Distanced from the commercialism of Christmas, at least a little ways from the heart of cold/flu/sick season, Easter has become my new favorite holiday. There are other reasons as well, and I am going to explore those this week.
Usually during Holy Week I dodge the internet to focus on other things, but this year I want to document for the kids the traditions we’ve started for this time of year, and I’m using the blog to do that.
I did not always have a love affair with Easter. It always struck me as a difficult holiday due to the Crucifixion. I understood why it happened and was necessary, but I found it hard to see through the suffering and somehow celebrate. I was one of those people who, even though I knew the Resurrection was coming, could not make it past my mourning over Good Friday to enjoy it.
Even as the words of my Russian Lit teacher, “you must go through the fire to be stronger on the other side” (and that’s the gist of Russian lit for those of you who missed the class. Lots of suffering, some redemption, fire abounding) rang through my ears I still never became a fan of fire growth. Or burning growth. Or growth that involved pain. My personal philosophy on suffering was dodge it.
I still don’t pray to suffer, though I pray to hurt for those who do. I have advanced to a place where I pray that when I do suffer, because it’s always coming in this life, that I will find a way to glorify God in it. My philosophy on suffering has changed from dodge it to learn from it when you have to go through it. Have something positive come out of it for Christ. This change in view and some time in the fire myself have helped me appreciate Easter for what it is and where it puts me spiritually every year.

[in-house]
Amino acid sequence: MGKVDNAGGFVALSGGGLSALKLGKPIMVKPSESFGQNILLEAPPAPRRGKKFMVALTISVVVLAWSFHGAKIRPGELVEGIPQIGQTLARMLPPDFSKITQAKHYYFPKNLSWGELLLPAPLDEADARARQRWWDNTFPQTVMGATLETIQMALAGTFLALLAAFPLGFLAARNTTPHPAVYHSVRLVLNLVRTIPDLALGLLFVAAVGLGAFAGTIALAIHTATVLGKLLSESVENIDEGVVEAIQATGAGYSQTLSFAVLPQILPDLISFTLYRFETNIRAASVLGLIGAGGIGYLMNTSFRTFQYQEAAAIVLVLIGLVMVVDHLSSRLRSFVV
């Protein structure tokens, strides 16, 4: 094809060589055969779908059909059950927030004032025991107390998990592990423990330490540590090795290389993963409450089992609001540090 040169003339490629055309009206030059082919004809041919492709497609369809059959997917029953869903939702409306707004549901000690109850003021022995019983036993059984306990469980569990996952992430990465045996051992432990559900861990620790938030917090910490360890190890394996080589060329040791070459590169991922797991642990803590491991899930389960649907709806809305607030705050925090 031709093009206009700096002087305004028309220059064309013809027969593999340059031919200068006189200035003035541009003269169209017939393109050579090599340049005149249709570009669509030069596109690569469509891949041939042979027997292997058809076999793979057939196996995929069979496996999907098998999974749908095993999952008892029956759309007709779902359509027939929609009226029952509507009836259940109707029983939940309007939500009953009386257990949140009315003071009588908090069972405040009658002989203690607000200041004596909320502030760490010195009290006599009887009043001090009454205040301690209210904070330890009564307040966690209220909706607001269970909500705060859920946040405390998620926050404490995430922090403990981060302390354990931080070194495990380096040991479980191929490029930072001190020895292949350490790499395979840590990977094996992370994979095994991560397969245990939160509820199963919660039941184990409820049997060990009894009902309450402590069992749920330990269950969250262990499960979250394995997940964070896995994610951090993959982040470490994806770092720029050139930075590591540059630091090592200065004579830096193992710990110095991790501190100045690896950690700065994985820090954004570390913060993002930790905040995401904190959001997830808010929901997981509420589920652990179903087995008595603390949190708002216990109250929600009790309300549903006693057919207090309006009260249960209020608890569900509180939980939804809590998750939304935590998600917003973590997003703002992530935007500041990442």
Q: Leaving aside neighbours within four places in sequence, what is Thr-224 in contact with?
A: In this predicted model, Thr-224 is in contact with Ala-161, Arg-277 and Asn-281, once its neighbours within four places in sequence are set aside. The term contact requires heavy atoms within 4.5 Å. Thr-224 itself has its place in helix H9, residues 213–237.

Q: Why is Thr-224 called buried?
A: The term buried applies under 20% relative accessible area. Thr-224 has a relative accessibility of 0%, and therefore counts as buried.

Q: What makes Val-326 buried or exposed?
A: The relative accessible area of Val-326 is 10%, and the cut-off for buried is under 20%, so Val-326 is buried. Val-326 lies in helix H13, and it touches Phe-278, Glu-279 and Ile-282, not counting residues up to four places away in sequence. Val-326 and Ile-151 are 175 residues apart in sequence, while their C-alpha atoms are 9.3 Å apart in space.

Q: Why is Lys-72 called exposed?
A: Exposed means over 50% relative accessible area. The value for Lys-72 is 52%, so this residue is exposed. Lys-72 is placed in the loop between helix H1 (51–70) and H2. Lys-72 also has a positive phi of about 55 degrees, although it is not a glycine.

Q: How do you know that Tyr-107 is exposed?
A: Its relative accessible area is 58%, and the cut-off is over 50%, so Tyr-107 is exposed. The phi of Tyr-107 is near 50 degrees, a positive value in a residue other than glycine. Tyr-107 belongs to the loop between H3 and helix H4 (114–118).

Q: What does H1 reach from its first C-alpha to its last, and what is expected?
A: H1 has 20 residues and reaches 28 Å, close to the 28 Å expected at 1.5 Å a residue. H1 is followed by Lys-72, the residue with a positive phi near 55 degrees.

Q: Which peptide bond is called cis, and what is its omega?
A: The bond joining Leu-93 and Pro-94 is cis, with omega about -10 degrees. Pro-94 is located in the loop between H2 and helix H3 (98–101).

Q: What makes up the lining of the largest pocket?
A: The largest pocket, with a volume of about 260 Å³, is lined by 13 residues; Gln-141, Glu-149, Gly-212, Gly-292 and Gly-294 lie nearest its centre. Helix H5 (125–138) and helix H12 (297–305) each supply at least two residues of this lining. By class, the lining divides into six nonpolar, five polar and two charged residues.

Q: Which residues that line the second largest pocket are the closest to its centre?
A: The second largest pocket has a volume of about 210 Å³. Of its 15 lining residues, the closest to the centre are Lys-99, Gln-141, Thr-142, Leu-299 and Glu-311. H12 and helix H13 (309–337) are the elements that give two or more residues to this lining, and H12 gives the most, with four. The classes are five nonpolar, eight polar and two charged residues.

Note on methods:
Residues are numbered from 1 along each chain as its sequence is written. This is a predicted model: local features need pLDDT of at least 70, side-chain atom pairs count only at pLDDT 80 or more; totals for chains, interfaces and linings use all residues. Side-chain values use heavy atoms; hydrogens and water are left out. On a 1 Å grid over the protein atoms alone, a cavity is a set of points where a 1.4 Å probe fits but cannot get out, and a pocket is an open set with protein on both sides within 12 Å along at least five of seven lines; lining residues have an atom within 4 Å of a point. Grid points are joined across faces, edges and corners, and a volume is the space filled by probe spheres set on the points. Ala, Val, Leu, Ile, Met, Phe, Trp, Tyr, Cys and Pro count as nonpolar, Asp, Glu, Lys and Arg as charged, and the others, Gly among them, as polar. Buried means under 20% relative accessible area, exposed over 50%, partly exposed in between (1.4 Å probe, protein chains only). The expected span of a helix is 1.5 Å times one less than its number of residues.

The world questions what it means to be a Christian; many Christians even debate among themselves what identifies us, what should identify us. There are many who have never been interested in the faith because of those they’ve met who are associated with it (maybe me); there are many who have been associated with it who have walked away. There are some who are convinced it is absolutely 100% related to politics but disagree how Jesus would vote. There are so many distractions, and that’s why I love Easter; Easter is who God is, what He did out of love for us, and what we’re supposed to do because of that. It goes back to basics, and the Gospel is very forward and pretty basic in message when it’s allowed to be. It’s Jesus in simplest, most beautiful terms.
We’ll start Palm Sunday and move forward from there reading through the story of Christ, participating in Holy Week traditions that are meaningful for us, and just seeing where the week leads. It’s a heavy week; it’s a week to remember God’s promises; it’s usually full of joy and weeping at our house, and that’s okay.